Some practising endogamy show drug metabolism defect

CCMB finds drug metabolism defect in people of some communities practising endogamy

The study restates the need of population-specific drug trials  

Representative image. Credit: iStock Photo

Scientists from Centre for Cellular and Molecular Biology (CCMB) have found that more than 20 per cent people of some castes and communities in India practising endogamy have a harmful variant of the CYP2C9 gene that puts them at a disadvantage in tems of drug metabolism (the rate at which drugs are processed by the body) . 

CYP2C9 is needed for metabolism of a wide range of drugs, including anti-epileptic drug phenytoin and anti-hypersensitive drug losartan. Any changes in the sequence of CYP2C9 gene may affect the production of the CYP2C9 protein in the human liver, This can slow the metabolism and thereby the drug’s therapeutic effect.

Many such drugs have a narrow therapeutic index, which means they are tolerated by human bodies only if they are in a very specific amount. When these drugs are retained in the body for longer, it can lead to toxicity. 

Researchers state that deciding the right drug dosage for each individual based on their CYP2C9 gene sequence is thus vital.

Dr K Thangaraj and his team from CSIR-Centre for Cellular and Molecular Biology (CCMB) studied the diversity of cytochrome-P450-2C9 (CYP2C9) gene among 1,488 Indians across 36 population groups, representing different linguistic groups, castes and tribes among other parameters. The study included caste groups from Andhra Pradesh, Telangana and Karnataka.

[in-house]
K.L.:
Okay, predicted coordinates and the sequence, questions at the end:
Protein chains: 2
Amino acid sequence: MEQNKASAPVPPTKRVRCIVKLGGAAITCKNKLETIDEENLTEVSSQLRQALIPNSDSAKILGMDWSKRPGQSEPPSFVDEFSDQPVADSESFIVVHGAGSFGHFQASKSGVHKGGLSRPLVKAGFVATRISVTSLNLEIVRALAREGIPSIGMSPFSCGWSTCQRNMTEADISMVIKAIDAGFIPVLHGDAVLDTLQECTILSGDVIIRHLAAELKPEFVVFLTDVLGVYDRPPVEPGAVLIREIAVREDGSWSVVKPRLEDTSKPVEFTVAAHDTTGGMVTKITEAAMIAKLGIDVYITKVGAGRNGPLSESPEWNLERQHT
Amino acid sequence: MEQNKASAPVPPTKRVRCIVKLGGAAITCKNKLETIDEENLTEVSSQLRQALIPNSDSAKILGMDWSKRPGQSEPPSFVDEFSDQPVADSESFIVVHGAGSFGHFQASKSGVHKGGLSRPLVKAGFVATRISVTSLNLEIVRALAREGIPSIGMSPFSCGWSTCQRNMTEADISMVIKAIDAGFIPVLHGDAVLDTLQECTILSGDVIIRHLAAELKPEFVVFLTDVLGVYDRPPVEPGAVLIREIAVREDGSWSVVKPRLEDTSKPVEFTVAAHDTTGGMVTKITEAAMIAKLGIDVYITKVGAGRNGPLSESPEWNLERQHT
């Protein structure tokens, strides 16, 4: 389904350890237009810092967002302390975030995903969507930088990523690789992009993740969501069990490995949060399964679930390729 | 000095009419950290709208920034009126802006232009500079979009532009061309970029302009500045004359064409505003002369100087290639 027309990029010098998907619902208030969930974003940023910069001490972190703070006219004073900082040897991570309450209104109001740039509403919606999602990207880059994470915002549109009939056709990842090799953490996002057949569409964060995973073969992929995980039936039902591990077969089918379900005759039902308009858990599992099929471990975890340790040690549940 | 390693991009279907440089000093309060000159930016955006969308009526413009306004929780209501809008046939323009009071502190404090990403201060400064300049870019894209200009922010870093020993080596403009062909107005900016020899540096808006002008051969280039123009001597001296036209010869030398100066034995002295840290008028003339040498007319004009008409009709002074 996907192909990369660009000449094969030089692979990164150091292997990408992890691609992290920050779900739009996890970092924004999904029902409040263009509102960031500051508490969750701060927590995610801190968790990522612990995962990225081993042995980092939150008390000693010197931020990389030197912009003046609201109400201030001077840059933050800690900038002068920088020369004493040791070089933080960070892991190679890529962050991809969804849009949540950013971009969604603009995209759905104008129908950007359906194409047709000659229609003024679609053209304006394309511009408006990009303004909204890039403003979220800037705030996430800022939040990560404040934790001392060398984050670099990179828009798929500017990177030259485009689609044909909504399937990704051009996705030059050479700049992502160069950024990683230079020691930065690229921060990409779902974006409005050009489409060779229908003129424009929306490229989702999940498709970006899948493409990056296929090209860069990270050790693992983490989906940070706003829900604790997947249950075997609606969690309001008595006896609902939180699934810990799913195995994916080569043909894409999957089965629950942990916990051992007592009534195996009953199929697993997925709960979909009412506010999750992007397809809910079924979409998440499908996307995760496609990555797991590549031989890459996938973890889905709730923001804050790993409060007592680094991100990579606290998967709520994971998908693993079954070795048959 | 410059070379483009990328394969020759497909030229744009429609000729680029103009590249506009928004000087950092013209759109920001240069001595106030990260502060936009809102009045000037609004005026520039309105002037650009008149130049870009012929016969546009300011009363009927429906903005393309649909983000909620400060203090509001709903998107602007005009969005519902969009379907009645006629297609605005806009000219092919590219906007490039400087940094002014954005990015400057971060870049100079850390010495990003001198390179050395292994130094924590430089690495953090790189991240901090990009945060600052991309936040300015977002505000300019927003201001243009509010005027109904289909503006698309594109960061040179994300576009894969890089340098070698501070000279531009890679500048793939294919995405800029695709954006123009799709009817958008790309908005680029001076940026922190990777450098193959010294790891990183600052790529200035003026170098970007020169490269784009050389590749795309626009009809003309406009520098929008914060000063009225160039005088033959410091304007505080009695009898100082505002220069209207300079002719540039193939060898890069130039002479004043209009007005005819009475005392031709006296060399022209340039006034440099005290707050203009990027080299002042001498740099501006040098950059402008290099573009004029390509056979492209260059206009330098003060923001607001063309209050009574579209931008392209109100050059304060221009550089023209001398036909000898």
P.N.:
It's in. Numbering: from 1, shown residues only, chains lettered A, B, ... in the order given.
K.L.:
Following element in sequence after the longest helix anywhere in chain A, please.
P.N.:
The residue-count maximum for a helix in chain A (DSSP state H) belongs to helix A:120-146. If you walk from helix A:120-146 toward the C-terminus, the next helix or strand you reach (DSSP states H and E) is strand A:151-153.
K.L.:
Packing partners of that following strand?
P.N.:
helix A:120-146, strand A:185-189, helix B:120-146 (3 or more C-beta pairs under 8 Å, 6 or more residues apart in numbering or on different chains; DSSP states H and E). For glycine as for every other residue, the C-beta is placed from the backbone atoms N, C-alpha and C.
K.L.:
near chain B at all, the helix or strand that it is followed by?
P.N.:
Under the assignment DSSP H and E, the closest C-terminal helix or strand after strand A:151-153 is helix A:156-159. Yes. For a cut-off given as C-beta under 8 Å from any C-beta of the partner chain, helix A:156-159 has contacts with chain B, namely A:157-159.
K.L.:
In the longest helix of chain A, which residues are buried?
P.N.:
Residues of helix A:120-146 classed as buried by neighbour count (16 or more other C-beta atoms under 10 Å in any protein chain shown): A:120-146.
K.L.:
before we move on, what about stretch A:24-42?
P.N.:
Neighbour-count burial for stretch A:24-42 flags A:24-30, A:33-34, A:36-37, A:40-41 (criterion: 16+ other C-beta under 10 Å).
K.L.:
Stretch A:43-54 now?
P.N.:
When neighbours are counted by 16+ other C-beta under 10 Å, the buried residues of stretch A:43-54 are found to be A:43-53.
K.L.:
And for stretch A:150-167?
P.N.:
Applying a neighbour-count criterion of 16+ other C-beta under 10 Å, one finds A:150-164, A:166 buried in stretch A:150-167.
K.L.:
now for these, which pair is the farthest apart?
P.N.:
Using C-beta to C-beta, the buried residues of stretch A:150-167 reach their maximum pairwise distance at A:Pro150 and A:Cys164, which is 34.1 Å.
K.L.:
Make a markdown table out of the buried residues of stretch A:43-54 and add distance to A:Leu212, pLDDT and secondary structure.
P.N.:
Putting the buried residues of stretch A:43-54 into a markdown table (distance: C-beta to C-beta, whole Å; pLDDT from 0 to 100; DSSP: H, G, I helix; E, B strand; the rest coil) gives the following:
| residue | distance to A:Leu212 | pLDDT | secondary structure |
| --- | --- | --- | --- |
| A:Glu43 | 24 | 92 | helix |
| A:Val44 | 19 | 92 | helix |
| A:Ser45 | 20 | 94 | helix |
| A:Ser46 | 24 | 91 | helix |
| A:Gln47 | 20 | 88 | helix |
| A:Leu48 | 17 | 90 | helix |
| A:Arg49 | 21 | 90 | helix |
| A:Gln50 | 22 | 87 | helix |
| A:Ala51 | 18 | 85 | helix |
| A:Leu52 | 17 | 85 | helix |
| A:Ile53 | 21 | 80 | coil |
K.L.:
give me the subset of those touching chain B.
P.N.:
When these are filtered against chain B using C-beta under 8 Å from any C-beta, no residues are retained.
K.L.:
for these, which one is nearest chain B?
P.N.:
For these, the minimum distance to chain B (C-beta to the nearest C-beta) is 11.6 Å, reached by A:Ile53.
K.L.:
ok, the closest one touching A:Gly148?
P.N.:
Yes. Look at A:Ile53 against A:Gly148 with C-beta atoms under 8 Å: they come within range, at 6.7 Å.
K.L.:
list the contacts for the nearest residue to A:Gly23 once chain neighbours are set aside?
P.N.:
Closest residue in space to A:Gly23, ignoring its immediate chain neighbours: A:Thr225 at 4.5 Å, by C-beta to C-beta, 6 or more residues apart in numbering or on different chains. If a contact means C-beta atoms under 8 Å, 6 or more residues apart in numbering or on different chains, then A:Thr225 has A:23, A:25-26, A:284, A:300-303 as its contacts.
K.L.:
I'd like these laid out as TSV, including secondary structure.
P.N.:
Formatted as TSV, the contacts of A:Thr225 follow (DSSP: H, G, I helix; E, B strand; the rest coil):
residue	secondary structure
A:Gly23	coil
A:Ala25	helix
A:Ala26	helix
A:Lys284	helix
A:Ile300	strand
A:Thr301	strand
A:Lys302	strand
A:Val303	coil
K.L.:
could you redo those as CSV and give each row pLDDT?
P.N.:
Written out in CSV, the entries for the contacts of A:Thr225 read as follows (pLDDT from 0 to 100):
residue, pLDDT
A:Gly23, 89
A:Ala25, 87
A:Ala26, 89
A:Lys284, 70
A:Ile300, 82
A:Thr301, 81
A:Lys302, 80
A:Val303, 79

CCMB researchers also analysed the genes of 1,087 individuals from other South Asian countries.

“We found eight new variants of the CYP2C9 gene, making a total of 11 known variants of the gene in South Asia”, said Dr Sheikh Nizamuddin, one of the study’s co-authors.

No correlation was found between any of these variants in the linguistic and geographical population groups. 

However, a few Indian populations have more than 20 percent people with the deleterious variant known as CYP2C9*3. “People with this variant are at a disadvantage in their ability to metabolise drugs. The eight new variants found in this study are also predicted to have similar effect on drug metabolism.”

“We found that CYP2C9*3 is more prevalent in communities where endogamous marriages occur more frequently,” Dr Thangaraj, presently the director of Hyderabad-based Centre for DNA Fingerprinting and Diagnostics (CDFD), told DH.

The study was recently published in the journal Pharmacogenomics and Personalized Medicine.

“It is important to know the variations in the CYP2C9 gene to help medical practitioners decide the right dosage of medicine for each patient. The knowledge of this variation will also be important for conducting more meaningful clinical trials. The study restates the need of population-specific drug trials,” said Dr Thangaraj, the study’s corresponding author.

“Such studies on the genetic diversity in India would play an important role in the transition of our healthcare system towards personalised medicine,” said Dr Rakesh Mishra, Director, CCMB.